For federal income tax purposes, an LLC will receive the favorable partnership tax treatment outlined above unless an election is made to have corporate tax treatment. In order for an LLC to receive the favorable partnership tax treatment outlined above for California income tax purposes, the LLC must be properly structured. For California tax purposes, an LLC will receive favorable partnership tax treatment only if it does not possess more than two of the following four corporate characteristics: (i) limited liability; (ii) centralized management; (iii) free transferability of membership interests; and (iv) continuity of life. If an LLC possesses three or more of these characteristics, it will be taxed under the California tax laws as a corporation.   

Because it is fairly safe to assume that an LLC will have the limited liability attribute, great care must be taken in defining the rights of an LLC’s members and managers to avoid having more corporate characteristics than partnership attributes. For instance, if an LLC is to be managed by designated managers rather than its members, there may be centralized management. If the members modify the default provisions of the Act relating to the transferability of member interests or the admission or withdrawal of members, the free transferability characteristic may exist. Likewise, if an LLC does not provide for dissolution at a particular time or upon the occurrence of certain specified events, such as the death, disability, bankruptcy, removal or withdrawal of any member, the LLC may have the corporate characteristic of continuity of life.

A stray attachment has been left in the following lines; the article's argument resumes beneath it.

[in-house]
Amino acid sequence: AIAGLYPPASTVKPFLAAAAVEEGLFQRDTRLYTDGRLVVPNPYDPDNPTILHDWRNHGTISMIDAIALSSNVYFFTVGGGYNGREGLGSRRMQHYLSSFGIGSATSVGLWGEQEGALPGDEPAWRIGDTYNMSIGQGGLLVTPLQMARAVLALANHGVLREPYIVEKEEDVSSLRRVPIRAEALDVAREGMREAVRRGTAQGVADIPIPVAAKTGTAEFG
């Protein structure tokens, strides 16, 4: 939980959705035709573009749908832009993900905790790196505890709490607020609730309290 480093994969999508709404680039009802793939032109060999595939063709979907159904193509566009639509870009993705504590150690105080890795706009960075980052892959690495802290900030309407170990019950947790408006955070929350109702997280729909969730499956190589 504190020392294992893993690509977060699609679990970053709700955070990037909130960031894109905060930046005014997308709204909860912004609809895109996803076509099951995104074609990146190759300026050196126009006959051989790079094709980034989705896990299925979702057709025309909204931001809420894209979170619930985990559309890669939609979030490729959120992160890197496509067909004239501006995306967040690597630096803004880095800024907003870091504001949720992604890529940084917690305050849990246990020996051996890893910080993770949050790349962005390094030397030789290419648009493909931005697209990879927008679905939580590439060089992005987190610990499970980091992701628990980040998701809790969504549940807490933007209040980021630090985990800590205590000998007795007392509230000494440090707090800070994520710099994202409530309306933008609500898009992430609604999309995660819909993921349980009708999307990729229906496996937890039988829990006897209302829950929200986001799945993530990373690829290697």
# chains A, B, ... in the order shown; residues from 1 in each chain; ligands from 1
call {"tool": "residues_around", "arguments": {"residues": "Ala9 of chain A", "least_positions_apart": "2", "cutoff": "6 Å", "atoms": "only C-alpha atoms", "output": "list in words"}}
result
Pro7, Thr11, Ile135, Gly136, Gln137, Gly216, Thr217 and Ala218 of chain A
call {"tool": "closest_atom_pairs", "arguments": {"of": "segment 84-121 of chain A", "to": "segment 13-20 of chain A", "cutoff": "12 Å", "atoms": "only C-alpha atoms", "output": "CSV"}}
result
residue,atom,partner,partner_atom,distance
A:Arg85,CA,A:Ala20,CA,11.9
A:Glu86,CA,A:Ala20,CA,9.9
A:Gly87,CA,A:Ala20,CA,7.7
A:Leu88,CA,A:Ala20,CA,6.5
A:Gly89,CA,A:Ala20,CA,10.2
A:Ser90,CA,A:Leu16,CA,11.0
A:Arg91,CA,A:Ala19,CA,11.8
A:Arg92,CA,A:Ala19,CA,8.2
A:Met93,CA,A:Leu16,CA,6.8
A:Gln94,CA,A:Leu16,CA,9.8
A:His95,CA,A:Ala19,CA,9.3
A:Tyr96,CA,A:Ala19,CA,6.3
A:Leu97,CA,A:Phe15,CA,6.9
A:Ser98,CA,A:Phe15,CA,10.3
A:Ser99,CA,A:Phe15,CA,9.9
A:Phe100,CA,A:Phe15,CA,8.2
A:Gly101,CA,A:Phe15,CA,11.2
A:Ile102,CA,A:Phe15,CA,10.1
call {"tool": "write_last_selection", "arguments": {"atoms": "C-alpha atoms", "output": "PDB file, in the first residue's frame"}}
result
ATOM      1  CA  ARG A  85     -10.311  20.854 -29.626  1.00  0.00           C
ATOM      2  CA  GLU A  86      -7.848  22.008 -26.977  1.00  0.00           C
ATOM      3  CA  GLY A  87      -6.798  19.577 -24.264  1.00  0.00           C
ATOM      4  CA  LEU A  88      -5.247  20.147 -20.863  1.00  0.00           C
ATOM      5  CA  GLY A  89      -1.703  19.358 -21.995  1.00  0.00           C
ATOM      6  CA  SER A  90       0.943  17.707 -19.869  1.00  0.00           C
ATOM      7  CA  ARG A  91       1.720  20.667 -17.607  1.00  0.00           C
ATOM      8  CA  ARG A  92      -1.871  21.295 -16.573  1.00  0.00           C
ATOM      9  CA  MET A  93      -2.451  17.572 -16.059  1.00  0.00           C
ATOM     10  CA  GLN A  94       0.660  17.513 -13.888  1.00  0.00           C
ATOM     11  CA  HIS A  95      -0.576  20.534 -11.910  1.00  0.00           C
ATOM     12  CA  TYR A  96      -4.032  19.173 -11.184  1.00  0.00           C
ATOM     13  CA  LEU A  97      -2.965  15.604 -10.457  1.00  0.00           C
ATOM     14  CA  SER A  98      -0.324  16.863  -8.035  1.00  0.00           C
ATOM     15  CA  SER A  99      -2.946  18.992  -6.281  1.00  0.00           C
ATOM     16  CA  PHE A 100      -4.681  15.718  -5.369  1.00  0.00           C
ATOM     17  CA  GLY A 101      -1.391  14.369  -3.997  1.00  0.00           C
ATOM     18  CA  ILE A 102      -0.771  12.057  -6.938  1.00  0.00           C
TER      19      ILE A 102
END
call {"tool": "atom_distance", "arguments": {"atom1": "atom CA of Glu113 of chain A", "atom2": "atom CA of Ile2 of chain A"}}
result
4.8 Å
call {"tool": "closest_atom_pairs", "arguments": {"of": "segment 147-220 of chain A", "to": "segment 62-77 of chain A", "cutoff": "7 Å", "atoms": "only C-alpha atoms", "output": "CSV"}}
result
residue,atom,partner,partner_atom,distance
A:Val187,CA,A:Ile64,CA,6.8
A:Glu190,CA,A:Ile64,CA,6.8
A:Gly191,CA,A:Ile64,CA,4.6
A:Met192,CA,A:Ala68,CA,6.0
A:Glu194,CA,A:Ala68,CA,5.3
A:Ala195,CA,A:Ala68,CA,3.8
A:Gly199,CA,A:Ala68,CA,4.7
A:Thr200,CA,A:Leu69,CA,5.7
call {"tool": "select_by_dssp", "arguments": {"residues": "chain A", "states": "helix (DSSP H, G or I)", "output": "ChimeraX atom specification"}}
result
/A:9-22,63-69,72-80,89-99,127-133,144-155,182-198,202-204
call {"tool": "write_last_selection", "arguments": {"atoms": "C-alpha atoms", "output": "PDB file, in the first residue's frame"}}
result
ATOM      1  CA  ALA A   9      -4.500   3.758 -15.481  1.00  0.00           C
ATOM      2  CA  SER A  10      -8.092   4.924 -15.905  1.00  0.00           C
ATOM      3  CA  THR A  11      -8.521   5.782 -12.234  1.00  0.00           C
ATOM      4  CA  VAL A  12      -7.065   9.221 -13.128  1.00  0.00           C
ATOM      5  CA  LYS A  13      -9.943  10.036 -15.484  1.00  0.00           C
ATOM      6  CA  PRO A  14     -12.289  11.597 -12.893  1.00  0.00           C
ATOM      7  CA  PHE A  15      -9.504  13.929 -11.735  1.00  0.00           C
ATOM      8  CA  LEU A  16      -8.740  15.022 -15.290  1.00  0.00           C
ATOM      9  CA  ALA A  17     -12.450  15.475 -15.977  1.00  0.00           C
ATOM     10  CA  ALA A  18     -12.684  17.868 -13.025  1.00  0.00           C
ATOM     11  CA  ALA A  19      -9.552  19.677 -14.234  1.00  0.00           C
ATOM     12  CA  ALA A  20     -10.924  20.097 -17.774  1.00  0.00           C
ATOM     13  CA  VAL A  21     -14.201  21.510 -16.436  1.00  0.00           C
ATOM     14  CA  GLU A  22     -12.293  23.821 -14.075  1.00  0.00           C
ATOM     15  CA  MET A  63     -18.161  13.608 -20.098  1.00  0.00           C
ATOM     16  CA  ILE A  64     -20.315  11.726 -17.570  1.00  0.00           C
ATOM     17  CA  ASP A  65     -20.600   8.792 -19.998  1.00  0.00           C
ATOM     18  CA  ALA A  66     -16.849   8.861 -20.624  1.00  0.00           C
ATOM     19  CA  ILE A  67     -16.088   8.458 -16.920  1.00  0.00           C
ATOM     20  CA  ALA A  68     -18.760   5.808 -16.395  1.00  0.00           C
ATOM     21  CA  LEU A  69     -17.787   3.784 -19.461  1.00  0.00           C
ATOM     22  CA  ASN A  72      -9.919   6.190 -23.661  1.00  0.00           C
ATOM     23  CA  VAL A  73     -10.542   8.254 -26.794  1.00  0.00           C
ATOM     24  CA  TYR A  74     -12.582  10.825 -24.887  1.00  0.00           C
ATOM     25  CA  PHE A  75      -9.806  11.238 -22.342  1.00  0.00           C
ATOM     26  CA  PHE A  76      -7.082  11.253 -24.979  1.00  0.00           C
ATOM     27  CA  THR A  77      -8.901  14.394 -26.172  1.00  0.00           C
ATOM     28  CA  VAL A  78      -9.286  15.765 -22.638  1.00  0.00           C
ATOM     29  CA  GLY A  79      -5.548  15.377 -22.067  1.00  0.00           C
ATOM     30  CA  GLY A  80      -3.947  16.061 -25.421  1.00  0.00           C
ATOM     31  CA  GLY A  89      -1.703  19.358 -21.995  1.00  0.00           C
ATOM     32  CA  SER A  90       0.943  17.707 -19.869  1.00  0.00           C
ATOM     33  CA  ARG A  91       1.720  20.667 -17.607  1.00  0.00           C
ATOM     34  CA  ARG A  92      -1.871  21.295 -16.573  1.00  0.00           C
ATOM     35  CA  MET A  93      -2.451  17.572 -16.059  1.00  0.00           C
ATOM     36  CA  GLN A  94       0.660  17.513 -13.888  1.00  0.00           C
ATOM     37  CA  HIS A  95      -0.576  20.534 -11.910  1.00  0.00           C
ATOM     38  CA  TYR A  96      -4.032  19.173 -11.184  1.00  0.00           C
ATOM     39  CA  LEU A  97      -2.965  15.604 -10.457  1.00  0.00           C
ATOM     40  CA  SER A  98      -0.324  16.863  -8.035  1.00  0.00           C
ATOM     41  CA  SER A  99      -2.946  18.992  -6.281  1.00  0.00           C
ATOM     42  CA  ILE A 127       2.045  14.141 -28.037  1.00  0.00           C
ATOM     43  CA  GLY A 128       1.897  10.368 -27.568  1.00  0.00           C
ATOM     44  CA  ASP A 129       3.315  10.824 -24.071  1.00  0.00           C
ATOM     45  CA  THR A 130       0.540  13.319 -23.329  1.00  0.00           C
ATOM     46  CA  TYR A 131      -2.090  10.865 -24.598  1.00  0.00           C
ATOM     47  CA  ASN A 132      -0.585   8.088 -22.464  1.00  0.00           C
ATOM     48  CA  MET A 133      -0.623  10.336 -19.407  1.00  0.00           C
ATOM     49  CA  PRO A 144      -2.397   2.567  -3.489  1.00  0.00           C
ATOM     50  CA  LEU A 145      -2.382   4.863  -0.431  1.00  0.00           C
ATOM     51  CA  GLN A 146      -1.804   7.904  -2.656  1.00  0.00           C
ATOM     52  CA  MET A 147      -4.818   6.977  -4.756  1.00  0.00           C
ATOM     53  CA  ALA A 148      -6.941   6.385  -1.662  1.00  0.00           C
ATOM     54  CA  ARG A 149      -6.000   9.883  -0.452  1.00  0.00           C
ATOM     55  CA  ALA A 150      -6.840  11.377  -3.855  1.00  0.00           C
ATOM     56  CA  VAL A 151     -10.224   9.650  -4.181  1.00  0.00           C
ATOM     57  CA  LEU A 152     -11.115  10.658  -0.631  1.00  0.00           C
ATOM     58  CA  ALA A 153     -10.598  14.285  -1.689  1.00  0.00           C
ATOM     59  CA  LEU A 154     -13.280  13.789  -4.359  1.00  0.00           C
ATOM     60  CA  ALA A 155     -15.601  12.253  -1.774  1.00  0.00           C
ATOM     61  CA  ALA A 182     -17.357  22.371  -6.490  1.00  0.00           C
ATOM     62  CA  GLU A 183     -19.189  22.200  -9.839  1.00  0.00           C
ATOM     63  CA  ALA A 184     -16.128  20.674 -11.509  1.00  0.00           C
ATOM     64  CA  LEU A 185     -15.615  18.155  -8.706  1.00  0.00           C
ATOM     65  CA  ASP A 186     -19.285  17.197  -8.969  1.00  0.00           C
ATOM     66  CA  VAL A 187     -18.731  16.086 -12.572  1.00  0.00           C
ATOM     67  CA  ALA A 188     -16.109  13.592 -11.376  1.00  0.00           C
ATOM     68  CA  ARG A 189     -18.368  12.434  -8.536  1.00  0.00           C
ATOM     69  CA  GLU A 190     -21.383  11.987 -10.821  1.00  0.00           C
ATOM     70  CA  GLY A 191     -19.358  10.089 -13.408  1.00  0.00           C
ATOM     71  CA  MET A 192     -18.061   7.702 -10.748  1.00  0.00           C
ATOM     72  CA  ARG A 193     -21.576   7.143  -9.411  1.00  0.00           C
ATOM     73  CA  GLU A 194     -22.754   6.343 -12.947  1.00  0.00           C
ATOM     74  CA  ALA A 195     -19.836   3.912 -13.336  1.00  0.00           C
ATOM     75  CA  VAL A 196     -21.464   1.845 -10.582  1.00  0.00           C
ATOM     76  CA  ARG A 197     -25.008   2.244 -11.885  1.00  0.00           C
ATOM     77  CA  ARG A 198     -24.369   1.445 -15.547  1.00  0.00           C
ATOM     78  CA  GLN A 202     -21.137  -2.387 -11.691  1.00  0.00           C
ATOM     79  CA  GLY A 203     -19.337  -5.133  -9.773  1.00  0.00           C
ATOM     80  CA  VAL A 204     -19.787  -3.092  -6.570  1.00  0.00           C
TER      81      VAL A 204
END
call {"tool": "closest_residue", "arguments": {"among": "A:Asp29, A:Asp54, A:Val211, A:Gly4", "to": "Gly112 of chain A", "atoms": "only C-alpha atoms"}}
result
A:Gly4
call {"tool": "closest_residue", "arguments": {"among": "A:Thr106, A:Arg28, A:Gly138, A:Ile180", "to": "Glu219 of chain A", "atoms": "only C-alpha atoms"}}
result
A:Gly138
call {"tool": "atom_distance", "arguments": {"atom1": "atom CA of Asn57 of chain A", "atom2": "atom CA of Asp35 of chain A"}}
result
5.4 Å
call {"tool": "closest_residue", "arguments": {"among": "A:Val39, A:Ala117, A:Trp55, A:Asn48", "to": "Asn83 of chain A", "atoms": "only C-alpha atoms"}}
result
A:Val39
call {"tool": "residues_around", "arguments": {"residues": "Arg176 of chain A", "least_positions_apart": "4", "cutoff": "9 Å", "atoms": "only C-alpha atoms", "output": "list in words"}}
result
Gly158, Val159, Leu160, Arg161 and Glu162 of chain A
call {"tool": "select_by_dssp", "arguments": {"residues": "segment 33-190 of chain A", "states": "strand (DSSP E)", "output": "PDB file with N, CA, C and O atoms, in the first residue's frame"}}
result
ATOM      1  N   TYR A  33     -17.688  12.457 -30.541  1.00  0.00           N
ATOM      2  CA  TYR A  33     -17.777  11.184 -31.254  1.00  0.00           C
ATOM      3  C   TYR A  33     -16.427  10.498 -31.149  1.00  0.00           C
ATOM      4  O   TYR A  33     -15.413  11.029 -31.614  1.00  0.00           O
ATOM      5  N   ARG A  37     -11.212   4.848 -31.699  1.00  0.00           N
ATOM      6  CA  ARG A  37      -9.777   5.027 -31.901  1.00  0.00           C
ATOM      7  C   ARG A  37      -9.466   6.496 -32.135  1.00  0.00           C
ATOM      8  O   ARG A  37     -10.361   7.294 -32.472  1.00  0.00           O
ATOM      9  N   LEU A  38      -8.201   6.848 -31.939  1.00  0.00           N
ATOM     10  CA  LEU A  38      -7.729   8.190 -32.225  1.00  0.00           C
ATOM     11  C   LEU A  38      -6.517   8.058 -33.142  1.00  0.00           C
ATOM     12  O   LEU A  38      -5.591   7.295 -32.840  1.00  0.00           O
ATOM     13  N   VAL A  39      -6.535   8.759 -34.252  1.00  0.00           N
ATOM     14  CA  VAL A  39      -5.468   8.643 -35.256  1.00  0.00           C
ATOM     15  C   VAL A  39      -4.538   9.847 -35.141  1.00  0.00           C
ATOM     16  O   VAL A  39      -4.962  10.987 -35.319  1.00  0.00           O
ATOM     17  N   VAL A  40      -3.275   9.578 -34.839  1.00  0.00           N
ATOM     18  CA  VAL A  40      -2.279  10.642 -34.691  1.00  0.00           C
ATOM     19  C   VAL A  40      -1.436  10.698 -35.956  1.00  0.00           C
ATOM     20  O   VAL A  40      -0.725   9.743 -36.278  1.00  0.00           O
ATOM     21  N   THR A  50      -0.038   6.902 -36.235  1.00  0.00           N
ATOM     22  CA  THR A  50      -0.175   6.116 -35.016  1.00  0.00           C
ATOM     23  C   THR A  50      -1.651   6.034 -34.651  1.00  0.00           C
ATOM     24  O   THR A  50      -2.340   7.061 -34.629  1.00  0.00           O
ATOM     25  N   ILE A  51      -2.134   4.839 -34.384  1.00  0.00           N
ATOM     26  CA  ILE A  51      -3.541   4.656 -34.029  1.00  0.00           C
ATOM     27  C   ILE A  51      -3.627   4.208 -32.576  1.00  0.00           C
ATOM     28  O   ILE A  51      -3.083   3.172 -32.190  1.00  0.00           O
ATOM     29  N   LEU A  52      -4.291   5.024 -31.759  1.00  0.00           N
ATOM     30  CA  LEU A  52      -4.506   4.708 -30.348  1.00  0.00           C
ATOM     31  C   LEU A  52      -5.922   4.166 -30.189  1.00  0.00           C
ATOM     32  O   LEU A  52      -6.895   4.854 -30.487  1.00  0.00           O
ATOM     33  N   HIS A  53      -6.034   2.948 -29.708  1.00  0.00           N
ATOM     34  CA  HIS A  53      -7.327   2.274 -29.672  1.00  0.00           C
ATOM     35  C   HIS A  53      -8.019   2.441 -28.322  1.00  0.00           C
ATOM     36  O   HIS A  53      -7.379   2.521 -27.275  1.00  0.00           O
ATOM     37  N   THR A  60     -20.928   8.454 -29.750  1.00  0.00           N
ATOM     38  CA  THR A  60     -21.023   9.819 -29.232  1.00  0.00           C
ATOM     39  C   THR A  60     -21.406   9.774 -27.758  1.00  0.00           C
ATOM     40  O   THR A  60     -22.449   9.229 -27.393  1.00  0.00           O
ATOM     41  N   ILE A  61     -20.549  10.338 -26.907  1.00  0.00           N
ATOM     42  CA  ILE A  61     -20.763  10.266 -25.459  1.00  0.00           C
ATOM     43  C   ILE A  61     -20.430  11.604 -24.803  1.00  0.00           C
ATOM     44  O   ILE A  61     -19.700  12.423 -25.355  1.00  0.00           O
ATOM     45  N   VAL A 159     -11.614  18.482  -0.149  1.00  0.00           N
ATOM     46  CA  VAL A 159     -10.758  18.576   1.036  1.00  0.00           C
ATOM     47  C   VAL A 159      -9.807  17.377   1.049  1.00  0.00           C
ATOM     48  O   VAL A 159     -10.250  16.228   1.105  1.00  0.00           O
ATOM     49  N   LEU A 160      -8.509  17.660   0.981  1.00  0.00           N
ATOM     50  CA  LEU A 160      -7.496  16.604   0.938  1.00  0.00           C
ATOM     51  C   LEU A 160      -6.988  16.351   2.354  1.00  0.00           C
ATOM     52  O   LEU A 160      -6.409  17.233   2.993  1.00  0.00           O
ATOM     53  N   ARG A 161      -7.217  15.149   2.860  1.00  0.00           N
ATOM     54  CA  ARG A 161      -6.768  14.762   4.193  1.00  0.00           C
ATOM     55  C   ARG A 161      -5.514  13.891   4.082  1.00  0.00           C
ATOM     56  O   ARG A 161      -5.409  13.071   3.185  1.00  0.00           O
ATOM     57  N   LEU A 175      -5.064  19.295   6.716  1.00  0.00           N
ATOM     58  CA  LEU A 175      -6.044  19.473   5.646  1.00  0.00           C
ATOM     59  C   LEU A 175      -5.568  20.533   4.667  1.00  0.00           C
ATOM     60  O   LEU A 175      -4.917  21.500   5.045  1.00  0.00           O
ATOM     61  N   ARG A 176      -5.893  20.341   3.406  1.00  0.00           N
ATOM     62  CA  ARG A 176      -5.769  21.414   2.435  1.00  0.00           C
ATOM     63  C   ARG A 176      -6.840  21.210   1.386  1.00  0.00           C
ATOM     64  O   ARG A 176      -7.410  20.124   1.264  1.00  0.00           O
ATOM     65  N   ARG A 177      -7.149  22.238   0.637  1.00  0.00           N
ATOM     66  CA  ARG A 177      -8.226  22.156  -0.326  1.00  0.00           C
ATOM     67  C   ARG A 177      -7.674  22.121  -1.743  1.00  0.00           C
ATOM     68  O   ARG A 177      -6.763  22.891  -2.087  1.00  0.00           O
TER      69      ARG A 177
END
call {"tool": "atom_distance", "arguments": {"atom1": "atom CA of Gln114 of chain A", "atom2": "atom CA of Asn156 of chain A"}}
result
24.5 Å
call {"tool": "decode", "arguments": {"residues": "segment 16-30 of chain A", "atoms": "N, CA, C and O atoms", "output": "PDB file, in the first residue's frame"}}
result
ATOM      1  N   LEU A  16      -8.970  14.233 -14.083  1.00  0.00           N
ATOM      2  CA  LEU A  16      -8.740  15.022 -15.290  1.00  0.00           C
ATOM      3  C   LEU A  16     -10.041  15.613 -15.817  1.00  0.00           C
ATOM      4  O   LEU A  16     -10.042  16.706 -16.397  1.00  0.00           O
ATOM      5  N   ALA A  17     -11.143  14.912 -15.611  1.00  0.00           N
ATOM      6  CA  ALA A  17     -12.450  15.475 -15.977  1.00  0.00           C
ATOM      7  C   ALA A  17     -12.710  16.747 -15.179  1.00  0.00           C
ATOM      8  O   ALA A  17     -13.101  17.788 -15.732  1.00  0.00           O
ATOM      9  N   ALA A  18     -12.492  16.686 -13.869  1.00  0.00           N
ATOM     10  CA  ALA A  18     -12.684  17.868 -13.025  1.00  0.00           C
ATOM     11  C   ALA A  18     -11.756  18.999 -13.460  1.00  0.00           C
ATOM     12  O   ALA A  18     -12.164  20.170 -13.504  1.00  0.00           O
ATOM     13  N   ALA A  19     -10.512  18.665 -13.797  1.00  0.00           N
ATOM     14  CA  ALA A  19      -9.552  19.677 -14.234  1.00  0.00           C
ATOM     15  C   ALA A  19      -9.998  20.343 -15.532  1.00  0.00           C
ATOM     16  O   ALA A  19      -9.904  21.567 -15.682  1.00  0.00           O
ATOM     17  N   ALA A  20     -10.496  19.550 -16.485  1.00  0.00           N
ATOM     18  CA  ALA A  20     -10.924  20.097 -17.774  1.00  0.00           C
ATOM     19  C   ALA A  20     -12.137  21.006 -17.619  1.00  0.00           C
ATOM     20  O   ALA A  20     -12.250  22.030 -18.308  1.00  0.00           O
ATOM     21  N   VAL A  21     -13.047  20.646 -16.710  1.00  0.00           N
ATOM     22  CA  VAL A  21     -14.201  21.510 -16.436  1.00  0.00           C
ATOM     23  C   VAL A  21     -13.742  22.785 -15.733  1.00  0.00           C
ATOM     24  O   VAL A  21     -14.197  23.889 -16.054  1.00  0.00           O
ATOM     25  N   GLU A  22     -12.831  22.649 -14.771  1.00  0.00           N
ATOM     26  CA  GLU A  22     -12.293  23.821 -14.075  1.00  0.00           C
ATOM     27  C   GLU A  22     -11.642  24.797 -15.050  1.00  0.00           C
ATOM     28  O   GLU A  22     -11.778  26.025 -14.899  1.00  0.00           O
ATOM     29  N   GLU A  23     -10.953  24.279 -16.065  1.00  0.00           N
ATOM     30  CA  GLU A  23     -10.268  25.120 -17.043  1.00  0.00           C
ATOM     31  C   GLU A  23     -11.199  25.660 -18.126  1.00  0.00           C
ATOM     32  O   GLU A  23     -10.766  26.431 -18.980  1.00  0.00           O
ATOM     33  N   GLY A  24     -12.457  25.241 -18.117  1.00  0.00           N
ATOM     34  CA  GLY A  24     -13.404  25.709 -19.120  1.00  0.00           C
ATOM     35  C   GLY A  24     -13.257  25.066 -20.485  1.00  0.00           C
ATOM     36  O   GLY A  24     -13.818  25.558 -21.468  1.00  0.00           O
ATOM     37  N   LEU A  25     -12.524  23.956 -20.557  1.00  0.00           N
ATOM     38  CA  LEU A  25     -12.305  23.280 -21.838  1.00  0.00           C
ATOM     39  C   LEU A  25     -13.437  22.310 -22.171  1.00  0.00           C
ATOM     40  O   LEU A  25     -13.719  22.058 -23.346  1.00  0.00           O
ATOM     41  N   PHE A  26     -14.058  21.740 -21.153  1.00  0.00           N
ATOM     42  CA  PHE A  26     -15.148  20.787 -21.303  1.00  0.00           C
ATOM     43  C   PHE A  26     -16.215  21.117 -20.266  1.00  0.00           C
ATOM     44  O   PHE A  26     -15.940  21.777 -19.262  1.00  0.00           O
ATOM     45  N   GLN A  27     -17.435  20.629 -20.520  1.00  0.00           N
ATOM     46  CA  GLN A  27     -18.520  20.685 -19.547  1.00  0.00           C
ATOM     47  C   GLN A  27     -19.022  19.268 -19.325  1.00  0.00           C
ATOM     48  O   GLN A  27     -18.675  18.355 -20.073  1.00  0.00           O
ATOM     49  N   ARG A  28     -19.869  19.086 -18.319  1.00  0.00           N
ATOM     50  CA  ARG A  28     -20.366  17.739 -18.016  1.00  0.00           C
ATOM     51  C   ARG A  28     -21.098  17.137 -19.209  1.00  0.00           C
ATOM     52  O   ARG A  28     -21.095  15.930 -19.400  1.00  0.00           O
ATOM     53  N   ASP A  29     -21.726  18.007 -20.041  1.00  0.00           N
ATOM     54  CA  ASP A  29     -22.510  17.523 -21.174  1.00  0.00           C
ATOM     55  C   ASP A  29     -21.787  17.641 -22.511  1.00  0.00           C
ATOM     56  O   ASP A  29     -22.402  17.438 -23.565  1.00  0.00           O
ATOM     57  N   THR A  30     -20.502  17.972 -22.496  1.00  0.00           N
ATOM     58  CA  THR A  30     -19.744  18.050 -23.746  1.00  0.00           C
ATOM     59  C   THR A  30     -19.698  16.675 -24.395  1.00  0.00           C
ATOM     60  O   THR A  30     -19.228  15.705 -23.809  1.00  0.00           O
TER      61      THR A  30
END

If an LLC is not properly structured, and instead possesses three or more of the applicable corporate characteristics, it will be taxed under the California tax laws as a corpora­tion.

 

Although the Act provides default provisions  designed to protect the partnership tax treatment of an LLC, in many cases the default provisions will and should be modified by an operating agreement tailored to the unique needs of the LLC’s members.

Consequently, competent and knowledgeable legal, tax and accounting advice is extremely important in helping to protect the LLC’s preferential partnership tax treatment.

FRANCHISE AND OTHER TAXES

A California LLC is required to pay an entity level tax to the Franchise Tax Board of $800 per year* and, if the LLC’s gross receipts equal or exceed $250,000 for a particular year, an additional fee for such year, ranging from $500 to $4,500 determined based on the LLC’s gross receipts during such year. This graduated tax on gross receipts is payable even if the LLC has losses and may be higher than the 1.5% California tax on S Corporations or the $800 minimum tax applicable to California limited partnerships.

 

FORMATION

 

An LLC is formed by filing articles of organization, together with a $70 filing fee (plus an additional $15 fee if filed over-the-counter instead of by mail), with the California Secretary of State and adopting an “operating agreement.”  The operating agreement may be written or oral and need not be publicly filed. Interests in LLCs, like shares in a corporation and interests in a limited partnership, may be considered securities, subject to regulation under the federal and California securities laws. Consequently, such interests should not be sold or offered for sale without careful consideration of applicable laws.